Despite popular opinion, hearing loss is not just an issue for older people. In general hearing loss is on the rise in spite of the fact that age is still a strong factor. Amongst adults aged 20 to 69 hearing loss hovers in the 14-16% range. The World Health Organization and the United Nations recommend that more than 1 billion people worldwide age 12-35 are in danger of getting loss of hearing. The CDC says nearly 15% of children between 6 and 19 already have loss of hearing and more recent research puts that number closer to 17%. Other reports state that hearing loss is up 30% in teenagers over only a decade ago. Worse still, a study from Johns Hopkins projects these trends out into the future and forecasts that by 2060 around 73 million people over the age of 65 will have hearing loss. That’s an astounding increase over current numbers.
We Are Developing Hearing Loss at a Younger Age, Why?
We often consider hearing loss as a side effect of aging as it would progress slowly over years unless you spent extended amounts of time in a loud environment. This is the reason why when you’re grandfather uses a hearing aid, you’re not surprised. But at a younger and younger age, our hearing is being effected by changes of lifestyle.
Technology, and smartphones, in particular, can have a significant impact on our hearing. We are doing what we enjoy doing: listening to music, chatting with friends, watching movies and using earbuds or headphones for all of it. Most people have no idea what is a damaging sound level or how long it takes to do damage and that’s a problem. Sometimes we even use earbuds to drown out loud noises, meaning we’re voluntarily exposing our ears to harmful levels of sound instead of safeguarding them.
There’s an entire generation of young people around the world who are gradually damaging their hearing. That’s a big problem, one that’s going to cost billions of dollars in treatment and loss of productivity in the economy.
Loss of hearing is Misunderstood
Avoiding very loud noises is something that even young children are generally wise enough to do. But the nature of hearing damage isn’t widely grasped. It’s not generally recognized that over longer time periods, even moderate sound levels can injure hearing.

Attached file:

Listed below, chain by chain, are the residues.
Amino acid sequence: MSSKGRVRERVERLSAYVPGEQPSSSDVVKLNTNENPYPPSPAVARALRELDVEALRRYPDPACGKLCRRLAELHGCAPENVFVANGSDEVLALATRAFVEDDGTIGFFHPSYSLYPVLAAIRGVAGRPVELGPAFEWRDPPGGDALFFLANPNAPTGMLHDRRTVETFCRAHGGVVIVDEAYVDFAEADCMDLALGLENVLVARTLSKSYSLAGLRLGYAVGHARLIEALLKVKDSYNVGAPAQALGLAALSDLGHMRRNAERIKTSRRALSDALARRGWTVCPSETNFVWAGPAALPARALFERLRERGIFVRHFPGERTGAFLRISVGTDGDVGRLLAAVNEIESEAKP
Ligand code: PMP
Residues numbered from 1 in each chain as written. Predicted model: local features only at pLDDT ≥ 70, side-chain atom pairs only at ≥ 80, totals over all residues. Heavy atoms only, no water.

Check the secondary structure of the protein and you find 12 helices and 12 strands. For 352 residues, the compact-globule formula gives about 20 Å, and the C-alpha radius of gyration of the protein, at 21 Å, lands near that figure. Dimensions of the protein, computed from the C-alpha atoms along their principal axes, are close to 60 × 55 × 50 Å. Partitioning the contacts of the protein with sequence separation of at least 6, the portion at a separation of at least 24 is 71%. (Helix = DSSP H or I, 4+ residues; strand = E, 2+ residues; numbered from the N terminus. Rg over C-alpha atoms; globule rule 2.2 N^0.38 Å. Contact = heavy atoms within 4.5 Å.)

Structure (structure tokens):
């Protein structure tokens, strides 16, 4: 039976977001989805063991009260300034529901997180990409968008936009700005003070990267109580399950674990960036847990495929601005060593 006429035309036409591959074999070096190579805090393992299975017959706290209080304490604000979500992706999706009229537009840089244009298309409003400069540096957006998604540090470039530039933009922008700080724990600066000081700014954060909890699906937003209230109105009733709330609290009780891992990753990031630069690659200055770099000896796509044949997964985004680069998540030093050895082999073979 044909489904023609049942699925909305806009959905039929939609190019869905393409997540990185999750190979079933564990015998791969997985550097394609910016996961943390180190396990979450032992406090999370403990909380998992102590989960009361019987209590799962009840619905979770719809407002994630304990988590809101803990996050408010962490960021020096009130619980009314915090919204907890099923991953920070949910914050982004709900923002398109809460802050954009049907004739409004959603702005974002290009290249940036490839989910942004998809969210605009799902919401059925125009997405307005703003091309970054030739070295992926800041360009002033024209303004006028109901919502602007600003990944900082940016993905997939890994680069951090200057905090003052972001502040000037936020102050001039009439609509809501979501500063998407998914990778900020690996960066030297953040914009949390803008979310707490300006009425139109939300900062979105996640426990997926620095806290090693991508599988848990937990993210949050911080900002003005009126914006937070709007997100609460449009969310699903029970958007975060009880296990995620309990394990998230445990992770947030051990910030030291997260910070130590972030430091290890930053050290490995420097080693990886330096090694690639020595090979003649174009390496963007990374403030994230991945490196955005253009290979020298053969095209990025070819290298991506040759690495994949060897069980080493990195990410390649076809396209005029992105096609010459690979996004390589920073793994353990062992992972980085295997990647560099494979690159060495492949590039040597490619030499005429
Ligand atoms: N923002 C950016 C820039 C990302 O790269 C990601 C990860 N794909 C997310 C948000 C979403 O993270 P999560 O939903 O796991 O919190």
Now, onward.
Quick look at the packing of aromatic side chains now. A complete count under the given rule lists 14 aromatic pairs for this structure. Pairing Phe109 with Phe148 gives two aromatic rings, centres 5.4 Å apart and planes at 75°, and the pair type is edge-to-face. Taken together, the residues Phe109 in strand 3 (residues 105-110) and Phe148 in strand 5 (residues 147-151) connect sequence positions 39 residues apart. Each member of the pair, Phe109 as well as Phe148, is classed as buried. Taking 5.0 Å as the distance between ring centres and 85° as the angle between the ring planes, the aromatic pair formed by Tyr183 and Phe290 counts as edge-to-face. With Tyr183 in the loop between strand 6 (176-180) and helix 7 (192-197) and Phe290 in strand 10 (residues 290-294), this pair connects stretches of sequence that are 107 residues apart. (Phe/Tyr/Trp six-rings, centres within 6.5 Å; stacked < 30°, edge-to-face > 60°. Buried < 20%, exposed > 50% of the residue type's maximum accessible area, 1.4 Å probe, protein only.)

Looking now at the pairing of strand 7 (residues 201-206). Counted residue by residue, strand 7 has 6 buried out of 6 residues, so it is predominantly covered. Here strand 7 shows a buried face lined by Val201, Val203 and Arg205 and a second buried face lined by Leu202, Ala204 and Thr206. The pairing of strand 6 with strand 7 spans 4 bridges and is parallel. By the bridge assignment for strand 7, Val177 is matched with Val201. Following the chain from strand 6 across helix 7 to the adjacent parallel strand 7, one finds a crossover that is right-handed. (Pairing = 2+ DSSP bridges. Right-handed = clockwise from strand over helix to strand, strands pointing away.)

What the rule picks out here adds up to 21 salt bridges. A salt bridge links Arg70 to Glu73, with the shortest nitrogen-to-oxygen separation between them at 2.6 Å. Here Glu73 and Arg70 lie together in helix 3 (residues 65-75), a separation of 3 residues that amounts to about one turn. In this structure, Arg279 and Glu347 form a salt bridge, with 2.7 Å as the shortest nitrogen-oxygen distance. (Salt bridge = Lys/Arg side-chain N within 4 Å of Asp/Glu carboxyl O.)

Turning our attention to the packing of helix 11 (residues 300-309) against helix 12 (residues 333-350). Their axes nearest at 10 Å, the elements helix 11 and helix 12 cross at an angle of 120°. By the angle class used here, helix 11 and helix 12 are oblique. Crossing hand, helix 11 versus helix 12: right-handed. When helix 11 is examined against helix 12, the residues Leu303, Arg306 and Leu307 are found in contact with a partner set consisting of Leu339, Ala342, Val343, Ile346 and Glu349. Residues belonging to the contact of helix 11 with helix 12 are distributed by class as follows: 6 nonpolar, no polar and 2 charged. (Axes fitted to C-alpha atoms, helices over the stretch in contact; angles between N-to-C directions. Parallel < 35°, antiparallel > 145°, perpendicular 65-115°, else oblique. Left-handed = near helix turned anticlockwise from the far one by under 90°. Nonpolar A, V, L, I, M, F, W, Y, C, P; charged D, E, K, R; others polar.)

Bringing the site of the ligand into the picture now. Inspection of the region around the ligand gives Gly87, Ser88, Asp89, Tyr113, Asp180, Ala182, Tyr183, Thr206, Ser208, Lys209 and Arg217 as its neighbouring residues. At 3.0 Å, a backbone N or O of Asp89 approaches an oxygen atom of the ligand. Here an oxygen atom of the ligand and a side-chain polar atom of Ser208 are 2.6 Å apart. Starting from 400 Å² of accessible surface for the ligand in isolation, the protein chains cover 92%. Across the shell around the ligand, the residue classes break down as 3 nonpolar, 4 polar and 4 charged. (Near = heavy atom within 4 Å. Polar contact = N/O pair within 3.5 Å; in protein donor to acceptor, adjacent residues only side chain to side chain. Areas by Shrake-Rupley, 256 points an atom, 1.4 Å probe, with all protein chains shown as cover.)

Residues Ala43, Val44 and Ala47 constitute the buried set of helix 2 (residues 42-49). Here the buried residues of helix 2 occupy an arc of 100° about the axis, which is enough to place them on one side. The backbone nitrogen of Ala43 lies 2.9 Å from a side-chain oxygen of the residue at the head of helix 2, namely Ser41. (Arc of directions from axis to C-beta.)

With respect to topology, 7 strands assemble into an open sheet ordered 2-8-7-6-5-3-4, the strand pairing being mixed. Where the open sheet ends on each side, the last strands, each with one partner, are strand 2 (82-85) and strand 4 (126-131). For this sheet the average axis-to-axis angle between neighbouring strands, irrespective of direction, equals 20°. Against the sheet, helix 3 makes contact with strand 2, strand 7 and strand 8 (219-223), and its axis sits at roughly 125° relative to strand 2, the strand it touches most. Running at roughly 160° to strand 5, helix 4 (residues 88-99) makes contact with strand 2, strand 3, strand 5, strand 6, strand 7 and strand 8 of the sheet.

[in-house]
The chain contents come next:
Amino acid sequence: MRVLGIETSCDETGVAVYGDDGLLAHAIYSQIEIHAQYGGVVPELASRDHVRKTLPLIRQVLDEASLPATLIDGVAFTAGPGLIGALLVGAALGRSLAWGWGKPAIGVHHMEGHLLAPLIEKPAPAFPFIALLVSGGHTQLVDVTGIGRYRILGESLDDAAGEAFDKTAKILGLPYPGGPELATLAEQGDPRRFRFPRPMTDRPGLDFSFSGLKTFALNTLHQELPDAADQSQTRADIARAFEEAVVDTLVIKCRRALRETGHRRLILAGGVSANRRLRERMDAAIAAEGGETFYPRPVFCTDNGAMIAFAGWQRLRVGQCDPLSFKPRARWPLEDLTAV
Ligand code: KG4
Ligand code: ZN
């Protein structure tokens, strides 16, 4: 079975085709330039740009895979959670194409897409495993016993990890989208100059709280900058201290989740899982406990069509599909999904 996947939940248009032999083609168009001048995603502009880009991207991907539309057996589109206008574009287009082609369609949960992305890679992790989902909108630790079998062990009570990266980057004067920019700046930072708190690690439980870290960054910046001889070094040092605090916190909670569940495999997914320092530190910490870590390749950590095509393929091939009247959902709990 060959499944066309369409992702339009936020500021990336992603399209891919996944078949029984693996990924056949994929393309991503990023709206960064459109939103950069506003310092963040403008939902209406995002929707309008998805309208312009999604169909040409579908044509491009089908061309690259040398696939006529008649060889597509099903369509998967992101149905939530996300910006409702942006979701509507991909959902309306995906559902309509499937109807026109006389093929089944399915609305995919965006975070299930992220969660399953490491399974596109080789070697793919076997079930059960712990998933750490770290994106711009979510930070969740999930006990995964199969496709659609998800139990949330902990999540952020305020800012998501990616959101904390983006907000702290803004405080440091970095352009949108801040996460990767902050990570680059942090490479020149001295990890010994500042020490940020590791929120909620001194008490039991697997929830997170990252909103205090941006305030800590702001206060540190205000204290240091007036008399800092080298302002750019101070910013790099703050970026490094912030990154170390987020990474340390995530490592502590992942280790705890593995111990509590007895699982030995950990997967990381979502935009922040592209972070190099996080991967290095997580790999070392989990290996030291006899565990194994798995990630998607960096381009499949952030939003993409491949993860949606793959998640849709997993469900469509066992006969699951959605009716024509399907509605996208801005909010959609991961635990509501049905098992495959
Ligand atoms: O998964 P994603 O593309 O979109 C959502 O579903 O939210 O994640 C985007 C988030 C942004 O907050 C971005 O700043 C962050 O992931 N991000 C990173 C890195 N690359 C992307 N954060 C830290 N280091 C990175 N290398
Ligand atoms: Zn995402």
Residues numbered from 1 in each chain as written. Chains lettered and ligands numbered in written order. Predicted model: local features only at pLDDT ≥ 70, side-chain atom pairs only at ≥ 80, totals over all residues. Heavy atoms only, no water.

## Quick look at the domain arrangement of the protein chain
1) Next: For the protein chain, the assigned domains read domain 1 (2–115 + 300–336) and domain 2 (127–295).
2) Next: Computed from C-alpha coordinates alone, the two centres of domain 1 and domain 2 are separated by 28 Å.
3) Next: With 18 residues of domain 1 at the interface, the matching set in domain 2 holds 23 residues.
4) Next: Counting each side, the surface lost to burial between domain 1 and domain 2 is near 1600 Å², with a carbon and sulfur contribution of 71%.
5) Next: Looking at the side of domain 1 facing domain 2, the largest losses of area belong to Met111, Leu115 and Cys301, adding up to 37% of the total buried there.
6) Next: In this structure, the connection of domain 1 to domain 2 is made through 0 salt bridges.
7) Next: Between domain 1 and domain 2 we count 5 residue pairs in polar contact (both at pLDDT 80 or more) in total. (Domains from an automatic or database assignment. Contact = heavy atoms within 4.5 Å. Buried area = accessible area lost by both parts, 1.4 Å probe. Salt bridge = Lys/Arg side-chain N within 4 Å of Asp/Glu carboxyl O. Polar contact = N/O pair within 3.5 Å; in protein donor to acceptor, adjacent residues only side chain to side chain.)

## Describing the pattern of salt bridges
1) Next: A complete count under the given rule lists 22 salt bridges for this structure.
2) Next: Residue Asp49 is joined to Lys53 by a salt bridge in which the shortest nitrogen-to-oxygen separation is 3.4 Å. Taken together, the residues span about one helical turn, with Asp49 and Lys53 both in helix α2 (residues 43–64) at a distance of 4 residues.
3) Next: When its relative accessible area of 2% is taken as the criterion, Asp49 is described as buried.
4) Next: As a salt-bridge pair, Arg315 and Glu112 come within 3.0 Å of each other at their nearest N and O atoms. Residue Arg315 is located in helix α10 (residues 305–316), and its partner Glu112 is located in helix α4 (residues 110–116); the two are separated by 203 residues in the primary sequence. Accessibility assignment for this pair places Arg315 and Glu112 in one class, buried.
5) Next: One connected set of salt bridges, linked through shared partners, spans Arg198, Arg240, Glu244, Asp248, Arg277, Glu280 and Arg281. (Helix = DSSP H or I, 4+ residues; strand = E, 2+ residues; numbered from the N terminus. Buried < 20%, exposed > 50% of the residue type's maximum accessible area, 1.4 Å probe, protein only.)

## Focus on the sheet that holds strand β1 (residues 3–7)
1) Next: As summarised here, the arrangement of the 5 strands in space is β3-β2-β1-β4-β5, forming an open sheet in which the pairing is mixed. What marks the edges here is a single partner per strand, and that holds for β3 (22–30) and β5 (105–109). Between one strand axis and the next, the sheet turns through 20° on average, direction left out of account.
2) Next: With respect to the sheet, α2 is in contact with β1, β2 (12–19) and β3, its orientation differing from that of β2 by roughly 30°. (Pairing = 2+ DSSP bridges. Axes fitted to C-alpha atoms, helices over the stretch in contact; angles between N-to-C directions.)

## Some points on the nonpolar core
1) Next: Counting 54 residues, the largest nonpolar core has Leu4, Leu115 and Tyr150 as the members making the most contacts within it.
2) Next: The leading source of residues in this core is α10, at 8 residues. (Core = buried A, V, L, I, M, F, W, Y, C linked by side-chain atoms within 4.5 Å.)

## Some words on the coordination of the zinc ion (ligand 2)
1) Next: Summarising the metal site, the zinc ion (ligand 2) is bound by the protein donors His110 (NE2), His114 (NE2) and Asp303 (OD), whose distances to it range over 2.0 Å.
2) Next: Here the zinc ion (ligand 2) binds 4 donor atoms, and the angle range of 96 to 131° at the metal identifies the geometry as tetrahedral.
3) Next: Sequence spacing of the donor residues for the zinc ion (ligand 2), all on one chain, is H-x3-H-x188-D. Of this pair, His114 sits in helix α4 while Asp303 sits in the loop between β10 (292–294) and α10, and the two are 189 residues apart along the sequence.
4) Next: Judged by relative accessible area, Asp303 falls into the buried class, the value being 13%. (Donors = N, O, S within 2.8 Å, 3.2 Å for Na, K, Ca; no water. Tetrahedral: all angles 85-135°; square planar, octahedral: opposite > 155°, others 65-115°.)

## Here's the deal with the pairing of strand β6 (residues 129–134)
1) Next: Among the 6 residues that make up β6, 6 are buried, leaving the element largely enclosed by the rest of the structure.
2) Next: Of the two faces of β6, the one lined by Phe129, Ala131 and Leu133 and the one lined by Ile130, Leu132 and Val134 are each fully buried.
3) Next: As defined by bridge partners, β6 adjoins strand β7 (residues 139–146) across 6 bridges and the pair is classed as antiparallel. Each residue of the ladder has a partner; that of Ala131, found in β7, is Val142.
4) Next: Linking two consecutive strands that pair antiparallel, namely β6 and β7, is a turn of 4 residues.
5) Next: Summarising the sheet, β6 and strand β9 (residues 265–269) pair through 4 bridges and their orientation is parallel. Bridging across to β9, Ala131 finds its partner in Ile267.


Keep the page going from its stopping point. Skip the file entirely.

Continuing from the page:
But hearing loss is normally associated with aging so most people, especially young people, don’t even think about it.
However, the WHO says permanent ear damage could be occurring in those in this 12-35 age group.
Because so many people utilize smart devices frequently, it’s an especially extensive issue. That’s why providing additional information to mobile device users has been a recommended solution by some hearing experts:
- Built-in parental controls which let parents more closely supervise volume and adjust for hearing health.
- Warnings about high volume.
- Warnings when you listen too long at a specific decibel level (it’s not only the volume of a sound that can result in damage it’s how long the noise persists).
And that’s just the start. There are plenty of technological ways to get us to begin to pay more attention to the health of our hearing.
Reduce The Volume
If you reduce the volume of your mobile device it will be the most important way to mitigate injury to your hearing. That’s true whether you’re 15, 35, or 70.
And there is no disputing the fact that smartphones are not going away. Everyone uses them all the time, not just kids. So we have to recognize that hearing loss has as much to do with technology as it does with aging.
That means we need to change the way we discuss, prevent, and treat hearing loss.
Also, decibel levels in your environment can be measured by app’s that you can download. 2 steps to protect your hearing. Ear protection is one way but also making certain you’re not doing things such as attempting to drown out noises with even louder noises. As an example, if you drive with your windows down, don’t turn up the music to hear it better, the noise from the wind and traffic could already be at harmful levels. As always, if you have questions about your hearing, schedule a hearing exam.